Finally, the barriers to trade for MSMEs arising out of technical and non-technical barriers erected by various governments needs a look into. As world have negotiated away the tariffs, a common way to protect local industries is through erection of the so called Non Tariff Barriers (NTBs). The rise of NTBs in recent years has affected MSMEs badly. This has carried over to the E-commerce trade. 

To sum up, trade facilitation for MSMEs needs a paradigm shift in the way the border compliances and regulatory functions are designed. Unless addressed adequately, we may end up in a situation where the bigger organisations end up gaming the cross border E Commerce and leading to an unequal, non level playing field for SMEs.



Jan 31, 2019

Understanding beef-ban, prohibition and prostitution in India through repugnant market theory

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Bans are not always effective as we know. Gujarat's prohibition has lead to a thriving black market for liquor, whereas the ban on prostitution has held up relatively well in India with only a small steady state black market that has not grown bigger. Selling and consumption of beef on the other hand, where banned, has been effective to a large extent - to the determent of the health of cattle and leather industry - as was witnessed during recent ban on cow slaughter in Uttar Pradesh.

Bans are always blunt instruments. It is necessary for a public policymaker to study the effects from the prism of effectiveness of achieving policy objectives of a ban, over the negative externalities, and also lack of effectiveness arising due to administration issues. It is not that a stiffer punishment would automatically lead to desired outcome. To cite an extreme example, rape in India attracts imprisonment of 7 to 10 years. Murder attracts life term or hanging. If the punishment of rape is increased to life term or hanging, as was being mooted in media for cases of child rape, it might lead to adverse result where the rapist kills the victim as the punishment doesn't increase by the additional act of murder, whereas the killing of victim may eliminate the witness!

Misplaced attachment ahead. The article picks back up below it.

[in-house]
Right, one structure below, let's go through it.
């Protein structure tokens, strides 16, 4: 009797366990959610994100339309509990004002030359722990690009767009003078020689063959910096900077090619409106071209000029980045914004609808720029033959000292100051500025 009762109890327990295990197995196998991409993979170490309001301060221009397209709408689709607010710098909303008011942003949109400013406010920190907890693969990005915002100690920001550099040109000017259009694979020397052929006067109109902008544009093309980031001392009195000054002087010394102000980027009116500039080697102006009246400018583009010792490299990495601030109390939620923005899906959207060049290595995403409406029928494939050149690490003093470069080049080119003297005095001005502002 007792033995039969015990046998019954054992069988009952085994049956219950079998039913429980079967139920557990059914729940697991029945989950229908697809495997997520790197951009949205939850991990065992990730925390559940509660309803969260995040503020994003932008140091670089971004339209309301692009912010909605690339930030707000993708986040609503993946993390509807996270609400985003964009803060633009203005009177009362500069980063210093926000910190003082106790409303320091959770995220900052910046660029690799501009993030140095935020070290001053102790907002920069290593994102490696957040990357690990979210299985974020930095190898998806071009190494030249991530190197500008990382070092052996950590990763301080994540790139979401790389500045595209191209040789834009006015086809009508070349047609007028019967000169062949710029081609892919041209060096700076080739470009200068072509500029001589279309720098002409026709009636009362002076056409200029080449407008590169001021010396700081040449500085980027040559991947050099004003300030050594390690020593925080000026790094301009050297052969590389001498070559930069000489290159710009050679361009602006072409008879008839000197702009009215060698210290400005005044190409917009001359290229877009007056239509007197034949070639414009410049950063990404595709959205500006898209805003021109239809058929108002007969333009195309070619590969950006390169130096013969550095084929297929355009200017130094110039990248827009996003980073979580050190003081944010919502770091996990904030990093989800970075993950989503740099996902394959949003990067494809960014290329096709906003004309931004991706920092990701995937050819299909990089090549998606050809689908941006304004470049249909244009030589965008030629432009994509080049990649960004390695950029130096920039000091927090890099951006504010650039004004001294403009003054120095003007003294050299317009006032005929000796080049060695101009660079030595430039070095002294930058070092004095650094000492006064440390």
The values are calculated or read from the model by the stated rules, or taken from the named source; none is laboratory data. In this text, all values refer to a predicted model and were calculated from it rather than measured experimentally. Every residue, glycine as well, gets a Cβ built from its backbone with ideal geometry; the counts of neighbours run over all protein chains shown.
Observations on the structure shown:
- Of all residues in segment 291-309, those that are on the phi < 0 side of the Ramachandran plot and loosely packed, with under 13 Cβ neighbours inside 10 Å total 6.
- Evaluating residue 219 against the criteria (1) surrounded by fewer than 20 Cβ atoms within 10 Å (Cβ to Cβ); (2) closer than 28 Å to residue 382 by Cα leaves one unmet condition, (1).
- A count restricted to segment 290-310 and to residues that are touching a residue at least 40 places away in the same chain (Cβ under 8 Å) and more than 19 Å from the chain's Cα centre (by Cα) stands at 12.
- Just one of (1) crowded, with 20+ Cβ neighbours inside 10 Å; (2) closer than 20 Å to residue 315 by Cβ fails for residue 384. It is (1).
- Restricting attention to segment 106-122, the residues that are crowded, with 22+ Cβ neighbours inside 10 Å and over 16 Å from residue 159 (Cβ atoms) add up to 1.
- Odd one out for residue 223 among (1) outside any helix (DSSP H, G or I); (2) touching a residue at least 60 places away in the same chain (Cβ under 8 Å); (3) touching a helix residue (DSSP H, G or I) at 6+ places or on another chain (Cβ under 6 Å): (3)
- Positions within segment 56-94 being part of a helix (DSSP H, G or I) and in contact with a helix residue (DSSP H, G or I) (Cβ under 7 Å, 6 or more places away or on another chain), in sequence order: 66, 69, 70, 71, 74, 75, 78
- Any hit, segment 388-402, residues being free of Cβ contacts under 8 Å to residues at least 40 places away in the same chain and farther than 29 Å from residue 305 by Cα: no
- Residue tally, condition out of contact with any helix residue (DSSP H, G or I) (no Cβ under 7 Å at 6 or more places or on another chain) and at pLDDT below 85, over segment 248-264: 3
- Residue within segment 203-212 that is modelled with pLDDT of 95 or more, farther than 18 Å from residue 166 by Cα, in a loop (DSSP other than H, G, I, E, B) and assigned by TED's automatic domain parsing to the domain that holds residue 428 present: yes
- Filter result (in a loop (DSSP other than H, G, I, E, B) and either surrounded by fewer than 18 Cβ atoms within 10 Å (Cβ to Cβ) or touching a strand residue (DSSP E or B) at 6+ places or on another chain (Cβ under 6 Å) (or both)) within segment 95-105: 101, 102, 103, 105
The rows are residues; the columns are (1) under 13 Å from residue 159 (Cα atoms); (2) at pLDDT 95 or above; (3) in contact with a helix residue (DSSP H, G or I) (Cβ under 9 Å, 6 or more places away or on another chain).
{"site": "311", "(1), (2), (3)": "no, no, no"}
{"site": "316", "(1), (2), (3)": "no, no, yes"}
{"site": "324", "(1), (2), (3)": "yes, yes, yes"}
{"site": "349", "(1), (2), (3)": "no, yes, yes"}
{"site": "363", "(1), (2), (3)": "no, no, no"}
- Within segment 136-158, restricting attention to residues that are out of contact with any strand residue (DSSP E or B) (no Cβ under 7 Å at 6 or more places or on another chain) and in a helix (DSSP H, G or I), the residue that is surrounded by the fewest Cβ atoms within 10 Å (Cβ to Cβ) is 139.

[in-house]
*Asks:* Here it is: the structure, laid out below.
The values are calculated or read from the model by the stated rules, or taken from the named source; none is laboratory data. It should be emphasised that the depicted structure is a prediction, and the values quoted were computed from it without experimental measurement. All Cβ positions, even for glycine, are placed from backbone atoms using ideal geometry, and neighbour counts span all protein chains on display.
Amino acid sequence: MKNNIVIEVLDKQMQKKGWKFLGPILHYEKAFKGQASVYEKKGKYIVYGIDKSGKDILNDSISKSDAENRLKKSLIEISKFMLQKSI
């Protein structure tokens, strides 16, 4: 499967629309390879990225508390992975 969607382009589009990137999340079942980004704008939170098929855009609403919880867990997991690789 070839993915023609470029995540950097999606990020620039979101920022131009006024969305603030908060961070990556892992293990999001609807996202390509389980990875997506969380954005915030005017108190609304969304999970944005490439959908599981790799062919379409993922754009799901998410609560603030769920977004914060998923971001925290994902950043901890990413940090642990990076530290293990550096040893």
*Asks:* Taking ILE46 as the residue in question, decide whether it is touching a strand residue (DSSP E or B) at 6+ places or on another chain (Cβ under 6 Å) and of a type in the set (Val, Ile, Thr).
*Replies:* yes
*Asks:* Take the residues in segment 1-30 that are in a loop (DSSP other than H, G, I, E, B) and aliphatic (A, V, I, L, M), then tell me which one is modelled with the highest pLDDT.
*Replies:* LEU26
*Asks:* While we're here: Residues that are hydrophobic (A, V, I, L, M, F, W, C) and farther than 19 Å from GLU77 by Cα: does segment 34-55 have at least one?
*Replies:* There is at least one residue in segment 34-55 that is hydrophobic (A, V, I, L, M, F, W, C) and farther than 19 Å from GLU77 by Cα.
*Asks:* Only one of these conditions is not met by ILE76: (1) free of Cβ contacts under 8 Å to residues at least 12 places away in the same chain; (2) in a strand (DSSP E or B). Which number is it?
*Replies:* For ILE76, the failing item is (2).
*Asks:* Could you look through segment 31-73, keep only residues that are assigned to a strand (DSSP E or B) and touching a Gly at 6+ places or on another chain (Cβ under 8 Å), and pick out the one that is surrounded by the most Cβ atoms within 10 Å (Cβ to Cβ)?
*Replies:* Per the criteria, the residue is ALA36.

Such analysis may be grown rigorously. An interesting recent paper tackles such questions from a game theory point of view for market of repugnant transactions. Co-written by the noble prize winning author Alvin Roth of Stanford, it tries to measure repugnancy along two dimensions of extent and intensity and tries to predict the outcome of banned activities with certain assumptions on initial conditions and progress. In the words of the paper:

This paper proposes a simple, stylized theoretical model to help understand why some transactions can be effectively eliminated by legally banning them, while others are more resistant, to the point that they may be impossible to extinguish or even suppress to low levels, so that it might be wise to consider different goals for dealing with them.

The paper takes the example of drug market to develop the analysis. However, the results generally hold good across various examples including prostitution, banned meat trade and so on. An interesting result along the way is that the existence of a market before banning plays a role in the effectiveness of the ban subsequently. In the words of the authors: